Though there were 15+ people appointed to serve on the LMC over the past 4 years, evidently none of them had the ability or power to grasp the controls and pull the LMC out of the dive it entered when it was eviscerated by (convicted and jailed former film office director) Mark Smith, then relocated and de-funded during the Blanco years (with the assistance of former Secretary of Louisiana Economic Development Mike Olivier). To those members who tried, really tried to represent the best interests of musicians, I say thank you. To those who colluded with and bought-in to the tired and ineffective leadership of Ms. Warwick and Mr. Ourso–and you know who you are–I say that the proof is in the pudding. And yours turned out to be a runny, smelly failure.
Since 2006, when they finally wrested control of the remnants of the LMC that had been systematically weakened by their team, observing the Warwick-Ourso tenure was like watching an elderly nursing home patient slowly, painfully gasp for breath–for month after month after month. It was a pathetic and absurd situation. And now it’s finally over.
The coroner has declared the patient dead but did not cite the cause. I say it was starvation, deprivation, and neglect compounded by malpractice and out-of-touch stewardship. And there will be no investigations, no funeral, no accurate recapitulation or memorial. This will likely be my last blog on that subject. And for that, I’m sure some will be grateful.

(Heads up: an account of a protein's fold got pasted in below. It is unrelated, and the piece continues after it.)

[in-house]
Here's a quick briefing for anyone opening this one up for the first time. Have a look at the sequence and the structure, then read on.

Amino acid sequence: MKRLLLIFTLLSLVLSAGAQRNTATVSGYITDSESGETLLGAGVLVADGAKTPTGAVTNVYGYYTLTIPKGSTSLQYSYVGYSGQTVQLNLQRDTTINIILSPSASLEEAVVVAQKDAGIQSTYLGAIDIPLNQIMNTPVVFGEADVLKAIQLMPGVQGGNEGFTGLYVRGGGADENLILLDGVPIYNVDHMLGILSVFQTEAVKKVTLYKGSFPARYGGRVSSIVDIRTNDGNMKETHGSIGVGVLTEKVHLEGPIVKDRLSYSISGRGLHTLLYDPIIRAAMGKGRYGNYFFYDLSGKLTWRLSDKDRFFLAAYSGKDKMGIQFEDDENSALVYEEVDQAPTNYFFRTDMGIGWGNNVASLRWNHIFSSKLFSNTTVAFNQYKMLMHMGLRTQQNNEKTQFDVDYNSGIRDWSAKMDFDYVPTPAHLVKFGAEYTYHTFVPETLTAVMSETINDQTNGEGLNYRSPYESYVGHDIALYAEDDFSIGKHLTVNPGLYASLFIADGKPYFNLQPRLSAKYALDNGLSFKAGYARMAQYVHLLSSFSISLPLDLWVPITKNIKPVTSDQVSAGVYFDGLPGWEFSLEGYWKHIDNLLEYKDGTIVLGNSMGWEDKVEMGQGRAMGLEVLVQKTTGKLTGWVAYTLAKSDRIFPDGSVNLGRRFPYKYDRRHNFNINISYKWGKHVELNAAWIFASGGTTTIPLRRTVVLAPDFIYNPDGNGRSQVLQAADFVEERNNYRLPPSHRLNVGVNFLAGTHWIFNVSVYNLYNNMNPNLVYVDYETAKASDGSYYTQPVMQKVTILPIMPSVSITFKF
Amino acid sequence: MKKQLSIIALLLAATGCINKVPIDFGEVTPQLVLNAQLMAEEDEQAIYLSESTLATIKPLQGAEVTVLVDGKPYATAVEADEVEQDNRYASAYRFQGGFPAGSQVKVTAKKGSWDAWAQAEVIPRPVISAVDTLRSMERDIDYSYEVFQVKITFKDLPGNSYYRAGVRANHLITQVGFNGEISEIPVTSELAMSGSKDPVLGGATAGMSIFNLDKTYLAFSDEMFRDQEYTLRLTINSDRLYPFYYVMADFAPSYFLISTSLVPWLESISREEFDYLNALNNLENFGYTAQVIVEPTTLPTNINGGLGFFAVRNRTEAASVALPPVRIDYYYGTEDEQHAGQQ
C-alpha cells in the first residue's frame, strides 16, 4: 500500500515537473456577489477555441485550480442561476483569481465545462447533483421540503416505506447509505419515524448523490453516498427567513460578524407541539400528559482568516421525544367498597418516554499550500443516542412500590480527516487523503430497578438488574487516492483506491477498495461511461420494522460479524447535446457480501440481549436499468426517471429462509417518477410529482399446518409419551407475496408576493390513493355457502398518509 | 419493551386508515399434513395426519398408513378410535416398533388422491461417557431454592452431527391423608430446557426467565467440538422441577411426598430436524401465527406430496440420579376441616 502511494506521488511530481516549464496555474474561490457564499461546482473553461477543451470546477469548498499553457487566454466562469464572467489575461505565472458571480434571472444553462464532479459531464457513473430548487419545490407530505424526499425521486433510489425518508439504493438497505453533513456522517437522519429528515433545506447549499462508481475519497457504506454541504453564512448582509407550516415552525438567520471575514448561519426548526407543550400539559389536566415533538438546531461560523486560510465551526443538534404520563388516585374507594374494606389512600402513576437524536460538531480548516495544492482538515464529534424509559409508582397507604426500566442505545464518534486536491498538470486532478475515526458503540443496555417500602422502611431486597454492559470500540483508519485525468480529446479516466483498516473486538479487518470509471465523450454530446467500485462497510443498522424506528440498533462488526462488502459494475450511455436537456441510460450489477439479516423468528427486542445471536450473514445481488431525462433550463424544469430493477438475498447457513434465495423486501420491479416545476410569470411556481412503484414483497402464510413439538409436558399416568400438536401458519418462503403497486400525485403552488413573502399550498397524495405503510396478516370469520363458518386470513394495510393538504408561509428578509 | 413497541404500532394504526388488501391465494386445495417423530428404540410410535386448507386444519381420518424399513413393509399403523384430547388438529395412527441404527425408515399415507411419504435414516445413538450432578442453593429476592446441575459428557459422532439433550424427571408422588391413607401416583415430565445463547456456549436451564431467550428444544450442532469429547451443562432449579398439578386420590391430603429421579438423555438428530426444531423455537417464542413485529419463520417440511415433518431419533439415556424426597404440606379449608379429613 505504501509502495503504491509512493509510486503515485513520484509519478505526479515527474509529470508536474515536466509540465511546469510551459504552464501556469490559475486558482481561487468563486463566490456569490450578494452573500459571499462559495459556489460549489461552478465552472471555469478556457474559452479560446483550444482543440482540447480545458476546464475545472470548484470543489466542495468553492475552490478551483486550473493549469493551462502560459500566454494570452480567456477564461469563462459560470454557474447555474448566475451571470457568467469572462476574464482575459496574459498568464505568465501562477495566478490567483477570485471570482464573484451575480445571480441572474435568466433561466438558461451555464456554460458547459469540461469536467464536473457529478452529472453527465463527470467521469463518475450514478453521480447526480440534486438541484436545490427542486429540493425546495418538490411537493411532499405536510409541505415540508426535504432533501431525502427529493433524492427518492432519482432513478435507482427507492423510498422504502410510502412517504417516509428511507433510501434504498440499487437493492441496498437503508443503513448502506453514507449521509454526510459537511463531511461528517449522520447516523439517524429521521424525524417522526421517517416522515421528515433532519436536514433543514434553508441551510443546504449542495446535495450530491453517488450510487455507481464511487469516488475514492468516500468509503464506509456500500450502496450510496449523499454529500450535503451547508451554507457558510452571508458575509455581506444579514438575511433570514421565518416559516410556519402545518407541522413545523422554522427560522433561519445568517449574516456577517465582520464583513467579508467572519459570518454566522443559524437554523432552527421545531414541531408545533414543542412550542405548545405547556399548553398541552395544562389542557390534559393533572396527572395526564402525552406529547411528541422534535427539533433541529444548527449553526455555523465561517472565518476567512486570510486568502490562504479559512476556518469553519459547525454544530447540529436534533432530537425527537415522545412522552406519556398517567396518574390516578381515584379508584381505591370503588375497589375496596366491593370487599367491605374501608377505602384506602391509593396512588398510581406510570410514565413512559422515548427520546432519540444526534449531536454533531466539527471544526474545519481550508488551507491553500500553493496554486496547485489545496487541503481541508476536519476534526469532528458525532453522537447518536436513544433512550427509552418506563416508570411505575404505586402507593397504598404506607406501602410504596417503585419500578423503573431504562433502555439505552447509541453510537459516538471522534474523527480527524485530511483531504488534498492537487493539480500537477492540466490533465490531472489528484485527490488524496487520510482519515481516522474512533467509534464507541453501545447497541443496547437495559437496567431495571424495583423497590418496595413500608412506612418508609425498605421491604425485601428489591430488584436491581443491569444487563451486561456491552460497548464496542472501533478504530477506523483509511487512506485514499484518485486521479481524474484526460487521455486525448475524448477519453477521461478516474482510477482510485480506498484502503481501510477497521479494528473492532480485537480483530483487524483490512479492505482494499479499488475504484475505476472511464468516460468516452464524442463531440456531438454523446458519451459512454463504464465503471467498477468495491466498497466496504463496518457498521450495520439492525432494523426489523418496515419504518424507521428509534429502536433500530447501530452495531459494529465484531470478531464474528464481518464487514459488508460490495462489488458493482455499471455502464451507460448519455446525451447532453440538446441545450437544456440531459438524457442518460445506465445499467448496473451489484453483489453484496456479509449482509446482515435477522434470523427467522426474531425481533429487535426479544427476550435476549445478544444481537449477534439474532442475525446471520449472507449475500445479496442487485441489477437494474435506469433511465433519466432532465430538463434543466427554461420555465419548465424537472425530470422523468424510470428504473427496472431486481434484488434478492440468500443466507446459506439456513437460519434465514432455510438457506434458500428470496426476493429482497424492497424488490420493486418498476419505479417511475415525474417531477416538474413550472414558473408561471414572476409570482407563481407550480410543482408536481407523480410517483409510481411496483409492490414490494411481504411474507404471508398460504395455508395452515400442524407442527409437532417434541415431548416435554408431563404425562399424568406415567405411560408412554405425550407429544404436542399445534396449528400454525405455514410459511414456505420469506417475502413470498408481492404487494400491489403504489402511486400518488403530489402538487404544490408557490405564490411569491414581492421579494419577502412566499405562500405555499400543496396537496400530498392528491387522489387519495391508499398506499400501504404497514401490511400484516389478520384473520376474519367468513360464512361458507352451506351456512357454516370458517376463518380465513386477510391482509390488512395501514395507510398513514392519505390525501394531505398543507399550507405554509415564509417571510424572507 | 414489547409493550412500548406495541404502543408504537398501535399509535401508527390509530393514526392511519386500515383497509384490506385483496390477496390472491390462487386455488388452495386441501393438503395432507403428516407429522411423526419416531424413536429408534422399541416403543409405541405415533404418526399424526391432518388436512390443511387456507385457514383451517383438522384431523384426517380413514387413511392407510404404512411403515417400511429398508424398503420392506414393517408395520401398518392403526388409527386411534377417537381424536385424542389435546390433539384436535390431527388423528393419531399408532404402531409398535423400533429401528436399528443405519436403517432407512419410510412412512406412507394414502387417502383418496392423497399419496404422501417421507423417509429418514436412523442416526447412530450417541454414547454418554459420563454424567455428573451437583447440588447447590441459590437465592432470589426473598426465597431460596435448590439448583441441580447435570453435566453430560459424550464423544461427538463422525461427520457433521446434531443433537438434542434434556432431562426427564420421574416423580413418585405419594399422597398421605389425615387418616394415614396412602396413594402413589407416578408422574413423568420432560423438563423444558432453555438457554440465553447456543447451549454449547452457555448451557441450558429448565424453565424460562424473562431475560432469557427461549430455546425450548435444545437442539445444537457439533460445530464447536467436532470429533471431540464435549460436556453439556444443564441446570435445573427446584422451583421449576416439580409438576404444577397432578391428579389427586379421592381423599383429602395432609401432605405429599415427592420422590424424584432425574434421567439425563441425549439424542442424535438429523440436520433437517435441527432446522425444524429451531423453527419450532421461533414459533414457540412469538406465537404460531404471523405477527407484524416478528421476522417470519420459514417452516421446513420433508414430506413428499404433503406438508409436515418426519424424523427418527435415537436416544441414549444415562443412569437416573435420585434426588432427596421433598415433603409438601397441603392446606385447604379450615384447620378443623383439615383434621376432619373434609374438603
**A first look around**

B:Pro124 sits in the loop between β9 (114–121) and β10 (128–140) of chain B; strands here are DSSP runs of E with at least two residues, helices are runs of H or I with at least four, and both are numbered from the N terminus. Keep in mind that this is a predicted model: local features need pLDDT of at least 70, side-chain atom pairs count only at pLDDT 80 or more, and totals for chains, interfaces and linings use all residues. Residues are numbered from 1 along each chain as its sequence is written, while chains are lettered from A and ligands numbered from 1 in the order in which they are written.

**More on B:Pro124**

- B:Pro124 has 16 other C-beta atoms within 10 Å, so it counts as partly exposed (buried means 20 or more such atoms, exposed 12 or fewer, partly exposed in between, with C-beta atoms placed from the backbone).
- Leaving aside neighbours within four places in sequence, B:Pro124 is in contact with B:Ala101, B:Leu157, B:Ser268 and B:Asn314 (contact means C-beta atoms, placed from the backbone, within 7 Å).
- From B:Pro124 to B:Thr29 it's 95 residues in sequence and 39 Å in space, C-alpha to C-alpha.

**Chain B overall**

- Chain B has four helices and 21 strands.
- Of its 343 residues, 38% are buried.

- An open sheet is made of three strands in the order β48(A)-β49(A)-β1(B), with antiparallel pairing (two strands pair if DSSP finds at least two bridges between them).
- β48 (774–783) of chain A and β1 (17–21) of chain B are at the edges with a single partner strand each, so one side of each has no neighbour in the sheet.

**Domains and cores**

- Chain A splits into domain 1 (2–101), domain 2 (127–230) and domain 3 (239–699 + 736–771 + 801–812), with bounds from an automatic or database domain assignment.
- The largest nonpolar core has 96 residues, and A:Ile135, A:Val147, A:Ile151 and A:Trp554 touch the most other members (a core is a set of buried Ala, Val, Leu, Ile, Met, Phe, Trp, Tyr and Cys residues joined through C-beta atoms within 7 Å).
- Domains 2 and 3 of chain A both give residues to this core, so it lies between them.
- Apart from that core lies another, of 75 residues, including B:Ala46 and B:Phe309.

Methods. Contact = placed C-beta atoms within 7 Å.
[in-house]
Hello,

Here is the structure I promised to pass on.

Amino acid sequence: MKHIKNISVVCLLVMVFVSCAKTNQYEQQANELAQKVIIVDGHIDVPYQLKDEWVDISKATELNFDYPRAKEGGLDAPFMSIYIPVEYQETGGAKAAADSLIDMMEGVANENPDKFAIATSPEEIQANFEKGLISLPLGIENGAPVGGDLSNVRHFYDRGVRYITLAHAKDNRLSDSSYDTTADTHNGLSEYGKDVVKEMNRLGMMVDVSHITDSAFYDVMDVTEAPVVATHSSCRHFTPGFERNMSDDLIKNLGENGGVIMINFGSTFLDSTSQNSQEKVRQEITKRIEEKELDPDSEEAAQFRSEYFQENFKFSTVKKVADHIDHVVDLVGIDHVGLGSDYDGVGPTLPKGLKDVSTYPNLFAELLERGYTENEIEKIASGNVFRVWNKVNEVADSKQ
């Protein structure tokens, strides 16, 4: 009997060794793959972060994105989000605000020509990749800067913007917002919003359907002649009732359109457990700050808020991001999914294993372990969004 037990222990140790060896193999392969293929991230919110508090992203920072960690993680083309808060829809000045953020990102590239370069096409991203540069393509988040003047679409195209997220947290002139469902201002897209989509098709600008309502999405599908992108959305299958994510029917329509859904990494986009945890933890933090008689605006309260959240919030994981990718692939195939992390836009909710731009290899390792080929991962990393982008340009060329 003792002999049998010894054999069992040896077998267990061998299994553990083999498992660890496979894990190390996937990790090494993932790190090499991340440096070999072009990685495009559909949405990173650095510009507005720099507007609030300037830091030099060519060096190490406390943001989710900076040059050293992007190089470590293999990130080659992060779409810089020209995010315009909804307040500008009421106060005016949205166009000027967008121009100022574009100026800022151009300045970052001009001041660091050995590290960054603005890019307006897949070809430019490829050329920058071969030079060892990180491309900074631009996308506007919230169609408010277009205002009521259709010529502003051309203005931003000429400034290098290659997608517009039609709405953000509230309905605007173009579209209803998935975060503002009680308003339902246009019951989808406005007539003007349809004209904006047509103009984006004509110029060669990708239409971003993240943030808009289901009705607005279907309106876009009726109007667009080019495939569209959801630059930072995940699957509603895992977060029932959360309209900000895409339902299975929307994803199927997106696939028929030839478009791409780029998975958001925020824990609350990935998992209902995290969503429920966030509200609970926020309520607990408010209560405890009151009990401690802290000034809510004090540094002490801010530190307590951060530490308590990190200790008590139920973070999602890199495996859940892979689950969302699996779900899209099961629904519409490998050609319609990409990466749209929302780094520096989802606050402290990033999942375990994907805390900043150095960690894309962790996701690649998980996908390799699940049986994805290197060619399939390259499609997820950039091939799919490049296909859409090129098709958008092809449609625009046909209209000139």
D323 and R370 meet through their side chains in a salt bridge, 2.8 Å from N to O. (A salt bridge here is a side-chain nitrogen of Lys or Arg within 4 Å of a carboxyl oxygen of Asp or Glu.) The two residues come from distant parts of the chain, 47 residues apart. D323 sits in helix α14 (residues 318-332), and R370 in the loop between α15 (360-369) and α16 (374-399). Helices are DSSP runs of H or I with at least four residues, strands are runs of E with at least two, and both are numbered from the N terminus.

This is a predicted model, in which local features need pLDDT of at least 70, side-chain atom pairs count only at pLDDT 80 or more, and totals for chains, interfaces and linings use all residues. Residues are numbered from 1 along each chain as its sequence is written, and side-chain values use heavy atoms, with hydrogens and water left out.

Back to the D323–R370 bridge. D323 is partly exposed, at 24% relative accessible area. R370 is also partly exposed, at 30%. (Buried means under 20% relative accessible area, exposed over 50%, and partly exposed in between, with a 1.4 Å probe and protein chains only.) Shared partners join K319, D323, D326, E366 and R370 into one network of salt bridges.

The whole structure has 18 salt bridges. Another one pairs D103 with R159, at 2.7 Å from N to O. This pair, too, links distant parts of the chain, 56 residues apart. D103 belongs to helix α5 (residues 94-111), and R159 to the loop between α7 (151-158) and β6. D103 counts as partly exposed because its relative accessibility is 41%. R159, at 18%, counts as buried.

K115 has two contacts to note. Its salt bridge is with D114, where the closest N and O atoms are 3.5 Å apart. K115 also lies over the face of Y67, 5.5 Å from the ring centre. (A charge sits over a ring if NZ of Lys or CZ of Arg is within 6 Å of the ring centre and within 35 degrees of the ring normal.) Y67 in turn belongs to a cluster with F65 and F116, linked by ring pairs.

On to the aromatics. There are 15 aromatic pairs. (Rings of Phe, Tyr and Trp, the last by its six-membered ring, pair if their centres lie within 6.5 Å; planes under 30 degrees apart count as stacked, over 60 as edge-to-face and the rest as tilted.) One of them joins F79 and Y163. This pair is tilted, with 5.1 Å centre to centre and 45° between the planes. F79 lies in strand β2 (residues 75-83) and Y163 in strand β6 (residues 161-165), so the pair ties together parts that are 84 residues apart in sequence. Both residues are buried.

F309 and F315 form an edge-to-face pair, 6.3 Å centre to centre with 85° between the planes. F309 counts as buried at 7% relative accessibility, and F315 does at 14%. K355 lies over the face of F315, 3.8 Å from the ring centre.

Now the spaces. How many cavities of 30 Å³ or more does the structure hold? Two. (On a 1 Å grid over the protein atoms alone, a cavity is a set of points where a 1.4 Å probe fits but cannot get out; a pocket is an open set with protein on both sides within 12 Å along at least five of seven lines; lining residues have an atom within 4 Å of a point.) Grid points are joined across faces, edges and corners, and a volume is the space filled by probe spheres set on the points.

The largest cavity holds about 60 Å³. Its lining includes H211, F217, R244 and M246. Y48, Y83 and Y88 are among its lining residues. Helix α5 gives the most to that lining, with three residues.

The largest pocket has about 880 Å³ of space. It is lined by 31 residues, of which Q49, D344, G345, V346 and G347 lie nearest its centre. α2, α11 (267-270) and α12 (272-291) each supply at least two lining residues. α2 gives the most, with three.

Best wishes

I’m proud of the work Ellis Marsalis, Bernie Cyrus and I did, but we were far from alone. From 1992 to 2006 literally hundreds of people helped us achieve unprecedented levels of support for Louisiana music. Because of our work, thousands of Louisiana musicians appeared on radio and television; tens of thousands of elementary school students statewide experienced living jazz history lessons; sites were saved (though many were lost); and attention to the health and welfare of working musicians was raised to new levels not surpassed until the tragedies of the failed levees of Katrina. You can read about what we did here: LMC Summary Report 1992-2003.
The LMC is dead. And though I spent 25+ years in music, it was always with a focus on environmental and social justice issues, on reducing our impact and helping the needy. Today, that’s what I do full time. I love music. I hope to play again some day. But I have a great job and a mission to bring positive change to the way we live. I am blessed to be where I am today.
Music is vital to our quality of life in Louisiana. Perhaps one day it will benefit from dedicated resources and support equal to what we give other industries such as agriculture, petrochemicals and film. One day. But not today.